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Tuesday, 15 August 2017

Teen Wolf S5E13: After Images



Teen Wolf
Series 5, Episode 13
After Images



As we head into the thirteenth episode of Teen Wolf, we all have a very tense, suspenseful question on our minds: Will anything actually happen in this episode?

Well, the answer is yes! Or sort of. I'm beating an old drum here, but Teen Wolf has a terrible problem with not being able to decide between episodic and serialised storytelling, and that's a problem because while each form of story has to achieve a similar goal with its episodes -- telling a discrete arc that builds to a climax -- the methods they use to do so are very different.


Episodic shows generally follow a pretty simple structure: They introduce a problem, the heroes have to try to fix it, there are pitfalls along the way, and then they fix it, usually by being mindful of whatever that episode's theme is. Often, the problem will be twofold, with an external problem that needs sorting and an internal problem that is preventing the heroes from doing so. Importantly, in episodic shows there is usually a status quo, even within the context of a larger arc, and the characters return to that status quo afterwards. Conflicts are solved in self-contained packages, so the catharsis comes from the resolution of those conflicts.

Serialised shows have a dramatically different approach: When done well, they tend to be follow on from a status quo change in the previous episode -- as the characters adapt to that status quo change, they face conflicts that have been exacerbated or created by that change, eventually leading to a cathartic moment where the status quo is fundamentally altered. Conflicts are much less easily resolved in serial shows, where they might be strung out over several episodes, so the catharsis comes from an escalation or alteration of those conflicts.

Teen Wolf wants to be both, and in the process, we end up with a hodge-podge mix of the two: A status quo change creates an external or internal problem that the heroes have to fix, leading up to the partial-resolution and partial-escalation of those conflicts. The result is that every episode feels like a half-baked holding pattern: They fail episodically because they cannot stand on their own, and because in order to keep the tension up in a serialised format, the conflicts cannot be fully resolved; they fail as a serialised form because a single status quo shift is strung out over multiple episodes without any escalation or alteration, meaning that we swiftly feel like the plot is going nowhere.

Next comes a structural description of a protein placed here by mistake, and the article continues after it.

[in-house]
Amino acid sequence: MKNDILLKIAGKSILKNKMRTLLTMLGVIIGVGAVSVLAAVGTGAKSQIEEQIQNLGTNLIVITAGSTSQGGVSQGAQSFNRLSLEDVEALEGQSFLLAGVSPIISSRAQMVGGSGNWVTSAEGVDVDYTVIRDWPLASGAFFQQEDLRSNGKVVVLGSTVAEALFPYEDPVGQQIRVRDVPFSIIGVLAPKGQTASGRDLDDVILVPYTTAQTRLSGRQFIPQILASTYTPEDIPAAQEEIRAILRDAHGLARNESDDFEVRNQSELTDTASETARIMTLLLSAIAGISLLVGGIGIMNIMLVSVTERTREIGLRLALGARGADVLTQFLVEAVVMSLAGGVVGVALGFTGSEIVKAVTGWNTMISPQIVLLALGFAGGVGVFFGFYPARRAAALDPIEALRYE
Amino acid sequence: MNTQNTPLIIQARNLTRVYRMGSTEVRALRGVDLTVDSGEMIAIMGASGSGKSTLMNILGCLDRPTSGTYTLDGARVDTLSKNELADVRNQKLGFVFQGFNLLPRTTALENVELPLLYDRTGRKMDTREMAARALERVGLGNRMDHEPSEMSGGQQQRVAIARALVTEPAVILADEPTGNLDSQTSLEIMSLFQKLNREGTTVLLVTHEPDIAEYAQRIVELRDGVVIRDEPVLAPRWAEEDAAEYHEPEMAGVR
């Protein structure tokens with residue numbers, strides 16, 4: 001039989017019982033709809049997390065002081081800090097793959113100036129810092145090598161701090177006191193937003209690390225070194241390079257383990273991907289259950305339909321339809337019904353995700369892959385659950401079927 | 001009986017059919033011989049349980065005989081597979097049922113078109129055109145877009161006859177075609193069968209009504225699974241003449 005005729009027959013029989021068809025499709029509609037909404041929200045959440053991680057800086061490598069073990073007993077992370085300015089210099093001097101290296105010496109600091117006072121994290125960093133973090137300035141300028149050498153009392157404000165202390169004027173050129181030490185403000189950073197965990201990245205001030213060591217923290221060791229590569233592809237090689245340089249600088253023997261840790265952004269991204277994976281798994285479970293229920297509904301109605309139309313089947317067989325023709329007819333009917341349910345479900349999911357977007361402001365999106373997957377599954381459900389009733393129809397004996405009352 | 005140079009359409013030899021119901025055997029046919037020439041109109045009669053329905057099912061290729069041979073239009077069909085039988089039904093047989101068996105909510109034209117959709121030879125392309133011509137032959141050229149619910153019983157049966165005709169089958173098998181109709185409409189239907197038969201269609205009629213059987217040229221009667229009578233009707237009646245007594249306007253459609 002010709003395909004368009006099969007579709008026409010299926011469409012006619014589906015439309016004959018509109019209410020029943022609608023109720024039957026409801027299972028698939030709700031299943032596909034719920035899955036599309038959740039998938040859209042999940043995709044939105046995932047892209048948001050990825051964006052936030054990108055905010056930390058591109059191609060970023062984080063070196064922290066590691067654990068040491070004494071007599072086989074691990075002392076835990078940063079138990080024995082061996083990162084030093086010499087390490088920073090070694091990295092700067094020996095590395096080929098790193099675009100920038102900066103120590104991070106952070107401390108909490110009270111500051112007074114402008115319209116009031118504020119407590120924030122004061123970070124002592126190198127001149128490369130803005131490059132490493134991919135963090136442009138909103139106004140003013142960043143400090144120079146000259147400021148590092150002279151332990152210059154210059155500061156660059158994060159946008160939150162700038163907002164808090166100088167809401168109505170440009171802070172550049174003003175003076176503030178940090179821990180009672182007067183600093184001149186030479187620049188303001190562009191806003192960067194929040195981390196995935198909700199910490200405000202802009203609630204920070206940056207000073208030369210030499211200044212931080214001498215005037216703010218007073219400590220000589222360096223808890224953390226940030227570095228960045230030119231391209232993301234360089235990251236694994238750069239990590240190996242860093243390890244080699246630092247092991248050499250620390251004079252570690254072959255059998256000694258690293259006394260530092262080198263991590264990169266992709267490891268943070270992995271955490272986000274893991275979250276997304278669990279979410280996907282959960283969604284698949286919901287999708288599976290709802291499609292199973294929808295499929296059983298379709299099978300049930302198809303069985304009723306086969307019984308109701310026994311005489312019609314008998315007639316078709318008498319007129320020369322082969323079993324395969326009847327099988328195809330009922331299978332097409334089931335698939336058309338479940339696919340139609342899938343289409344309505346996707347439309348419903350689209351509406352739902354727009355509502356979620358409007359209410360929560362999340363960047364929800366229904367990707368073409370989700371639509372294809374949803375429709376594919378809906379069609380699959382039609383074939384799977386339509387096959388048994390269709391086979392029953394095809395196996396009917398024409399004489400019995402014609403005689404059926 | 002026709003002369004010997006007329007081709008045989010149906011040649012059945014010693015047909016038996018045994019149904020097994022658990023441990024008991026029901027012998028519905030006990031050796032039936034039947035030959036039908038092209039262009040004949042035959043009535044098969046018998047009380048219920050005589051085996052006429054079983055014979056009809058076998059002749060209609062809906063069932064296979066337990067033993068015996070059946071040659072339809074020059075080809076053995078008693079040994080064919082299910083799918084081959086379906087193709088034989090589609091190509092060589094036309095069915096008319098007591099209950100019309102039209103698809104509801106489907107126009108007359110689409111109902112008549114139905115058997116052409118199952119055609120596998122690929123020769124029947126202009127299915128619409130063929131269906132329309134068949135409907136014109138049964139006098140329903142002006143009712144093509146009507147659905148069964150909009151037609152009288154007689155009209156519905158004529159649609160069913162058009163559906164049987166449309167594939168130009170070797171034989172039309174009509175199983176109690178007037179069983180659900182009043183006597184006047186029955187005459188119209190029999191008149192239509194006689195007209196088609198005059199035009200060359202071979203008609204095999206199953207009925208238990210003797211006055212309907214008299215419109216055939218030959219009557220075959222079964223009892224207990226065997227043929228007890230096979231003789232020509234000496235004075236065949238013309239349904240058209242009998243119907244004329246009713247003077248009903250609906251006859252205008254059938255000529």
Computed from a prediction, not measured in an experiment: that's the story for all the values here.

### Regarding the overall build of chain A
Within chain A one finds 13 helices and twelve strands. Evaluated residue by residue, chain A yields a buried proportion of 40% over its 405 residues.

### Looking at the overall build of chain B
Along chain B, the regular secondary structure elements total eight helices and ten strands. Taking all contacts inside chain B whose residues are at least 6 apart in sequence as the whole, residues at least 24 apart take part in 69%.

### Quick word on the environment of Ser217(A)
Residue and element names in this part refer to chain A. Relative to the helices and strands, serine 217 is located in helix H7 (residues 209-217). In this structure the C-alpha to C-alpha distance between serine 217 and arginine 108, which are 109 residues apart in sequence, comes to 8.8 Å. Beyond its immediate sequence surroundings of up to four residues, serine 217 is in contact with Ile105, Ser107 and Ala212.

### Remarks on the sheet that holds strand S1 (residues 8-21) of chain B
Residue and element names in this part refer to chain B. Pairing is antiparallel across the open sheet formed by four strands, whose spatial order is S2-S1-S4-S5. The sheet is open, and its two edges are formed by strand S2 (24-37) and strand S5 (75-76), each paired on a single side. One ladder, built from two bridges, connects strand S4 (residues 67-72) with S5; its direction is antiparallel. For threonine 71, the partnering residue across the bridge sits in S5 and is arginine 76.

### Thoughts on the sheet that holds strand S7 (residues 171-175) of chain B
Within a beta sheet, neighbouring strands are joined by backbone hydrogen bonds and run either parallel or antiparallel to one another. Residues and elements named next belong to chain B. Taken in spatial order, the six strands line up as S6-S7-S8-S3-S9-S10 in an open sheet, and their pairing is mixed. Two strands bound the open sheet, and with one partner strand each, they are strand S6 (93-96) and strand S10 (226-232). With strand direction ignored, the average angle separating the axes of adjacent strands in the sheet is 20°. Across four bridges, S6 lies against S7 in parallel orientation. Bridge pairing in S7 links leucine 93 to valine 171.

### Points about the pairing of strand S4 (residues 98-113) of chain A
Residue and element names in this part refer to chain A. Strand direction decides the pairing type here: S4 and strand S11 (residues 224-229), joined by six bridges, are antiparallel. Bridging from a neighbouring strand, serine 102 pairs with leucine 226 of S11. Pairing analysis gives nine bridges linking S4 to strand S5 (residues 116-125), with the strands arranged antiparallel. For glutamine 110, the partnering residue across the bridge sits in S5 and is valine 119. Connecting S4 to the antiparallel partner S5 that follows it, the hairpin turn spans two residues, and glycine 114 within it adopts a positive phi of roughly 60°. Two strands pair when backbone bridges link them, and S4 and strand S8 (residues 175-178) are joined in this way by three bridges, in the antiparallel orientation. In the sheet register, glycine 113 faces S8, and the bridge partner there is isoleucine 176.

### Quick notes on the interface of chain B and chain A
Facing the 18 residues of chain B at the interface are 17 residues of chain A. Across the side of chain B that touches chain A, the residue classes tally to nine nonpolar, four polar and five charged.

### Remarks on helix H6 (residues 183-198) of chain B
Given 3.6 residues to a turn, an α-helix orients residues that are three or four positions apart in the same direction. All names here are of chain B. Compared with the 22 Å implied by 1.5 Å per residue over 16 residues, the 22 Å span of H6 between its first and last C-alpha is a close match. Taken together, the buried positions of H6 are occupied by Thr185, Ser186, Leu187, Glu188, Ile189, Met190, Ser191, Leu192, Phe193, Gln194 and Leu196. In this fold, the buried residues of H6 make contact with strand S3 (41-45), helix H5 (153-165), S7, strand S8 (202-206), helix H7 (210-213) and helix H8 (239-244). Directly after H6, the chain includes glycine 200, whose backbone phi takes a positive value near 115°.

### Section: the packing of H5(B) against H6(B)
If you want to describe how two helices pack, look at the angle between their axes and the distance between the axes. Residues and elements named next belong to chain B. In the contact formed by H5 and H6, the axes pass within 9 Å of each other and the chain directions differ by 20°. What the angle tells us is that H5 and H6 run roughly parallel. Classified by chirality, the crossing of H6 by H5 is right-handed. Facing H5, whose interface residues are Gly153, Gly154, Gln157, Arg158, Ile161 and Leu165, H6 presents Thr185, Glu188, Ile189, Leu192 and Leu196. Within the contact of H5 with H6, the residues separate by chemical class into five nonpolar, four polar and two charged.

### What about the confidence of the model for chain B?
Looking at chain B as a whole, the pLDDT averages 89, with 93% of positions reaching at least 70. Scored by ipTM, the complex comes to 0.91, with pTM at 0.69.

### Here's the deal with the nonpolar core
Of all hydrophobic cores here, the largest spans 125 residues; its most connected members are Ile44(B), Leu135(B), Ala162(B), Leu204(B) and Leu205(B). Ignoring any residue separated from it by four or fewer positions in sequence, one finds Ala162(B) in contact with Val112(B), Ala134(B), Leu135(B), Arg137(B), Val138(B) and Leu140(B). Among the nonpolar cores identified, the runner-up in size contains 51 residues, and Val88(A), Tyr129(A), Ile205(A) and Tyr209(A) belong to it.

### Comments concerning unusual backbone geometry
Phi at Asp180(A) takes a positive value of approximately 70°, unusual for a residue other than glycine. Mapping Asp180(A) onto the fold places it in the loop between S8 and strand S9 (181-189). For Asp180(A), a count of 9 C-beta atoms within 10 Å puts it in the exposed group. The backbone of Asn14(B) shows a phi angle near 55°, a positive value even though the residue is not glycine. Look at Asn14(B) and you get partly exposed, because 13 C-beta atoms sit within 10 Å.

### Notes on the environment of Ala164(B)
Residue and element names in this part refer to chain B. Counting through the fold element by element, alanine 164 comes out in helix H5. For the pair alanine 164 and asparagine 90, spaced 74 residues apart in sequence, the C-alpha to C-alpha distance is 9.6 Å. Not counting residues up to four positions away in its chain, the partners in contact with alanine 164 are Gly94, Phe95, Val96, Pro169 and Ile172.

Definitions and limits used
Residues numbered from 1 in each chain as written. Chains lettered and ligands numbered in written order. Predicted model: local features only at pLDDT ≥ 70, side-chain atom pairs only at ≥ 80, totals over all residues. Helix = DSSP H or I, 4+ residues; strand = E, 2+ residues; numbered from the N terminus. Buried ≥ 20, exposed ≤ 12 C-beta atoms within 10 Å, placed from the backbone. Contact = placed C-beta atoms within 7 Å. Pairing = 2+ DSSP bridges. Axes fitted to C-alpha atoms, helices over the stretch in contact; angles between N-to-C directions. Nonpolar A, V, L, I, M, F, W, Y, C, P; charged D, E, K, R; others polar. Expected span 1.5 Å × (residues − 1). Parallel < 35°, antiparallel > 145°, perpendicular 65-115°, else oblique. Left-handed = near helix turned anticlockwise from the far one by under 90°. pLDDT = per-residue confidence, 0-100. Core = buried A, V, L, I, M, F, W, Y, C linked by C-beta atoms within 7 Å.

To put that into context here: In episode eleven, we were introduced to the idea that some spider-related fear entity has invaded Beacon Hills. By the end of episode thirteen, we know exactly as much about it as we did in episode eleven, and so do all the characters. We're over a quarter of the way through this arc, but the serialised plot hasn't progressed at all. There's been no catharsis, and because of that, it's difficult to keep interested in it.

(Incidentally, the most serialised arc in Teen Wolf, the Nogitsune arc, did this very well -- every episode fundamentally altered the landscape of the arc, providing either information to the audience or an escalation of stakes.)

Instead, we spend almost the entirety of episode thirteen with Scott, Malia, Liam, and Doomed To Die Extra #2 in a cat and mouse game with Gerard and Tamora. Gerard and Tamora are set up early on as being in control of the situation and having the advantage, and by the end of the episode, they are still in control of the situation and still have the advantage -- Brett and Doomed To Die Extra #2 both die, but they die in service of re-re-re-establishing that people are afraid and turning on the supernatural creatures, which we already knew.

In fact, part of the reason we know that is because this episode's B and C plots both revolve around the idea of 'people are becoming afraid,' and they largely begin and end there. Random Googly Eyed Boy is afraid and stabs Cody. Melissa and Chris are afraid but cope. The show is hammering in this idea with the subtlety of a sledgehammer to the jaw, but it's all information that we already got. There's no catharsis there because nothing is actually changing, either for the characters or for the audience.

The only real change is that the show confirms that it's shoehorning in a romance between Scott and Malia, despite their total lack of chemistry and the fact that there were not even the slightest hints of a romance between them before this. Or, you know, two episodes ago.

So, while stuff happens in this episode, it all ultimately feels meaningless. You know what would have been better? Cut out the Hellhound stuff from episode eleven and twelve. Have the scene where Googly Eyed Dude stabs Cody be in the first ten minutes of episode eleven. Have Tamora have already killed a werewolf (and have Scott and Malia find its body and be investigating), and have her start to tangle with Brett in that episode. End it with Gerard appearing and killing Brett, and telling Tamora that he's building an army, while elsewhere Lydia -- having her visions of spider silk and such -- realises that Beacon Hills is in the grip of fear.

Then kick off episode twelve with Gerard's army in full swing (because, let's be honest, with all the overtly weird stuff that goes down in Beacon Hills, you don't need an entire episode to set up a bunch of people knowing about it), and with everyone paranoid about supernatural monsters, which is where episode fourteen seems to be going. Add in some clues as to what the spider fear-monster is in episode twelve, and then keep up that dripfeed of information until episode fourteen or fifteen.

So, I'll see you all next week, when apparently Liam will be getting beaten up in a classroom, so that's a whole thing.

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